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Abstracts 100.3–4

Mark Vareschi, “Lockean Persons, Data Bodies: Metaphor and Dataveillance”

This essay considers the intellectual and rhetorical origins of contemporary forms of surveillance that seek to observe the flecks of identity captured in digital spaces and assembled as the data body. I site these origins in John Locke’s discussion of memory in An Essay Concerning Human Understanding (1690) and the metaphorical language on which his account of memory depends. These metaphors, in turn, inform Locke’s theory of personal identity offered in the second edition of the Essay (1694), which relies on memory for the continuity of the personal self. Locke’s discussion of memory primarily draws on media for inscription for its metaphors. The conceptual work these metaphors do make possible ideas like the transference of persons across different bodies, much like a hard disk may be installed in different computer systems. Locke theorized a disembodied subject rooted in memory to answer questions about the nature of identity after death and resurrection; the afterlife of that theory, and its rhetorical underpinnings, are woven into the fabric of contemporary surveillance from the banality of a shopper’s loyalty card to the deadly workings of US intelligence.

Anne C. Vila, “Convulsive Theatrics in Eighteenth-Century France, from the Convulsionnaires to the Secular Stage”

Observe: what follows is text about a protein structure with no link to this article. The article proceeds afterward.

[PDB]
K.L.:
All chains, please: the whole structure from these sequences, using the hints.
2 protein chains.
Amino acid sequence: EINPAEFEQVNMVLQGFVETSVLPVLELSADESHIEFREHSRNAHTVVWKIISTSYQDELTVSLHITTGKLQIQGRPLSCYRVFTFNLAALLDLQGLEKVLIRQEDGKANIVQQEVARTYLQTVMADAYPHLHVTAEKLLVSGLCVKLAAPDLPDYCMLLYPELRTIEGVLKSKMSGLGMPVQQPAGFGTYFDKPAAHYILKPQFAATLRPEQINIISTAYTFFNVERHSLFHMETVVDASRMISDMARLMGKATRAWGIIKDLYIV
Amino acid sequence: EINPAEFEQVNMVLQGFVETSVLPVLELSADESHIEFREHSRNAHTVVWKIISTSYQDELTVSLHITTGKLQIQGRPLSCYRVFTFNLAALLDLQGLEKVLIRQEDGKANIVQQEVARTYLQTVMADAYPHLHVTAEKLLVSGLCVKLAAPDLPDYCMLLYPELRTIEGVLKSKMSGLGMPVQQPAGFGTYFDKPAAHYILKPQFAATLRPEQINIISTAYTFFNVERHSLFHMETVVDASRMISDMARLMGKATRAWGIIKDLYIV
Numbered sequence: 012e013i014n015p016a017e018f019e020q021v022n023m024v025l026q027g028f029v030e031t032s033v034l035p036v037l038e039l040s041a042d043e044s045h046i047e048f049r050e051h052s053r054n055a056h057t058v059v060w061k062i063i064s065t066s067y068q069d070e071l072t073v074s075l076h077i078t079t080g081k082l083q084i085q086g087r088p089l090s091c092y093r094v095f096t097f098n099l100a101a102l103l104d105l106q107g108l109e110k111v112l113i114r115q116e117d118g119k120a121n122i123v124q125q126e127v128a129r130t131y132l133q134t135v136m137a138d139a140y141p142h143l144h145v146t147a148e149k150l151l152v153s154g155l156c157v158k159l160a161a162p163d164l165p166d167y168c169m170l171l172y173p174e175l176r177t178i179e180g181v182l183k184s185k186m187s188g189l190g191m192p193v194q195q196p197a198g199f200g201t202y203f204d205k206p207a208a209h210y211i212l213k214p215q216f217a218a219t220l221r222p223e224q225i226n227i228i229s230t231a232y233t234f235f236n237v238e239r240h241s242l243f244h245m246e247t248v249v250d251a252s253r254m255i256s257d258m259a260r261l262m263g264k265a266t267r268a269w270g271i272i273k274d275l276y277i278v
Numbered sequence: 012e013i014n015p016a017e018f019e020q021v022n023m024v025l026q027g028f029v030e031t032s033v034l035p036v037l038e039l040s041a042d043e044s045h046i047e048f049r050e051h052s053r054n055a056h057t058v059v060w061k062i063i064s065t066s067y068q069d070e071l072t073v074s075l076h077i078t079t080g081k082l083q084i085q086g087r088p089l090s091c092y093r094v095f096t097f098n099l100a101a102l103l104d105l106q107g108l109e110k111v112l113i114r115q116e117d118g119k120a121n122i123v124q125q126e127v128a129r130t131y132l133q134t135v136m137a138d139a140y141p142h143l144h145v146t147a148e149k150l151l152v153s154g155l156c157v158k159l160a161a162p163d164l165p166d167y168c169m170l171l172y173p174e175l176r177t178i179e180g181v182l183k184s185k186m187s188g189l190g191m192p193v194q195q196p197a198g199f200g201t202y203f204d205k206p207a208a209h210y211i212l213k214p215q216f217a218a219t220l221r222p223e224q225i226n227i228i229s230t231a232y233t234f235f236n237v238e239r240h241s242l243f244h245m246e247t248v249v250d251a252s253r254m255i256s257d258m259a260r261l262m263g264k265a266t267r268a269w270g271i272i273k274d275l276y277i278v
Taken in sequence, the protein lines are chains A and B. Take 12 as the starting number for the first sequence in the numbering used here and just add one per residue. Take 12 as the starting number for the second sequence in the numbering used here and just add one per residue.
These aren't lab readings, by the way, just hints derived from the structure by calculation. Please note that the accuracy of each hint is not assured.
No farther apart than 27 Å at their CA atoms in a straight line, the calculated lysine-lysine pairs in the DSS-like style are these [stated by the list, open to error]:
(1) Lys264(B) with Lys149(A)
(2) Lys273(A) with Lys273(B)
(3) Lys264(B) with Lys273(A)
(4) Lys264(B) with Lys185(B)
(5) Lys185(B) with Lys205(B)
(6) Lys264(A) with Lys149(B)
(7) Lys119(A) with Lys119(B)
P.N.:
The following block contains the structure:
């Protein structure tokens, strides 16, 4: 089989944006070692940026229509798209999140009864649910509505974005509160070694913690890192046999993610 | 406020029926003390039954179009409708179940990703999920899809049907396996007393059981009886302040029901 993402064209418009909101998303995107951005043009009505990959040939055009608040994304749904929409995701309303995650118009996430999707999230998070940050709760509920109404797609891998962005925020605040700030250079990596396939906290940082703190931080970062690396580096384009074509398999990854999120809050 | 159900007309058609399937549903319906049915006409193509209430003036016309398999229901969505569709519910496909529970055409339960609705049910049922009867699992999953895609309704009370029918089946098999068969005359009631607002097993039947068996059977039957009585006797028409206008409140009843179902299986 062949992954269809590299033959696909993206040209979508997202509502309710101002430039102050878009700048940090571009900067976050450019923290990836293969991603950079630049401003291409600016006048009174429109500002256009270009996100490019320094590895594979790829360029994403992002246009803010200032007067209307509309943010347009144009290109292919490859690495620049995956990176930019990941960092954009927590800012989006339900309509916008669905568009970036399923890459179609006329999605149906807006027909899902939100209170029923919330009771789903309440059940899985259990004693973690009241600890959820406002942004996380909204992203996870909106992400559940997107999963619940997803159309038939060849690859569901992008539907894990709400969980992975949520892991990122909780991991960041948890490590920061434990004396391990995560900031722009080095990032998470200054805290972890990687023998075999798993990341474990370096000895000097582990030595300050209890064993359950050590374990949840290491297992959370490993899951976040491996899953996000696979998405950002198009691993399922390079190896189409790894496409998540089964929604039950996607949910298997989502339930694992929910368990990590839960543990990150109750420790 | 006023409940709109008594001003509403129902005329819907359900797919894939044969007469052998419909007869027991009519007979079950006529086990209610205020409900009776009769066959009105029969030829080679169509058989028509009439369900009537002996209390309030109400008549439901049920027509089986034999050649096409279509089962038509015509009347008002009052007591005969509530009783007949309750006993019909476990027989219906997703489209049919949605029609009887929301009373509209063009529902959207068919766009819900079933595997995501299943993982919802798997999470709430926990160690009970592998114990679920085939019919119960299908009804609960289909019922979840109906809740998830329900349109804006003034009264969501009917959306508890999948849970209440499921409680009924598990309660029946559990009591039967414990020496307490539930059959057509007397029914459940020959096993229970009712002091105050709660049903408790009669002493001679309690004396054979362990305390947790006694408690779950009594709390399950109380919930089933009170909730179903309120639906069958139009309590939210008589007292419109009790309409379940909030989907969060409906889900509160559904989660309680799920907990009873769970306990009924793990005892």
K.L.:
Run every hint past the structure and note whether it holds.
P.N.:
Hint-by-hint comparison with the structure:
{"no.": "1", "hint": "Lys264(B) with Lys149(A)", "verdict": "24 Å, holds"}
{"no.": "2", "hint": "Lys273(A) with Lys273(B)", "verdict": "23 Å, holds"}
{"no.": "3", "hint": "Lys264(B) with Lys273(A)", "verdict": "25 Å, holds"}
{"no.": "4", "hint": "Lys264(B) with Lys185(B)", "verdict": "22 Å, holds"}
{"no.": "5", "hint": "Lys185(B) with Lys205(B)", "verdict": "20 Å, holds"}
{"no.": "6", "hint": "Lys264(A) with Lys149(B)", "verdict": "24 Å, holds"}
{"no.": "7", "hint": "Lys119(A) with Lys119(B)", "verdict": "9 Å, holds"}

This article examines the so-called convulsionnaires of eighteenth-century France, a strange but influential fringe group of the persecuted reform movement within Catholicism known as Jansenism. It follows one particular thread in the story of the convulsionary movement’s cultural entanglements: theatrics, broadly construed. I begin by reconstructing the mission underlying the Work of the Convulsions, including the functions attributed to sensibilité, spectacle, and dramatic effect. I then consider the rhetoric of theatricality which anti-convulsionist theologians and doctors used to discredit the Convulsionaries—and the ways in which that rhetoric was borrowed back by critics who disliked the “convulsive” acting style popular in secular theater. I end with a look at Voltaire’s curious role in the popularization of that style, and the equally curious, veiled manner in which he responded to the Convulsionaries through an Orientalist tragedy, Le Fanatisme, ou Mahomet le prophète (1741).

Janet Sorensen, “‘As the Vulgar Call It’: Henry Fielding and the Language of the Vulgar”

Eighteenth-century Britain saw efforts to establish a national vernacular in print. The dictionaries and novels that helped institutionalize that vernacular were sometimes wide-ranging and inclusive in their approach. This article situates the work of Henry Fielding within this context and argues that Fielding, particularly in his Jonathan Wild and “Modern Glossary” resists such efforts. The article tracks Fielding’s response to contemporary narrative techniques representing fictional character and his use of verbal irony to illuminate the terms of his rejection of the idea of an inclusive print vernacular that might represent the nation.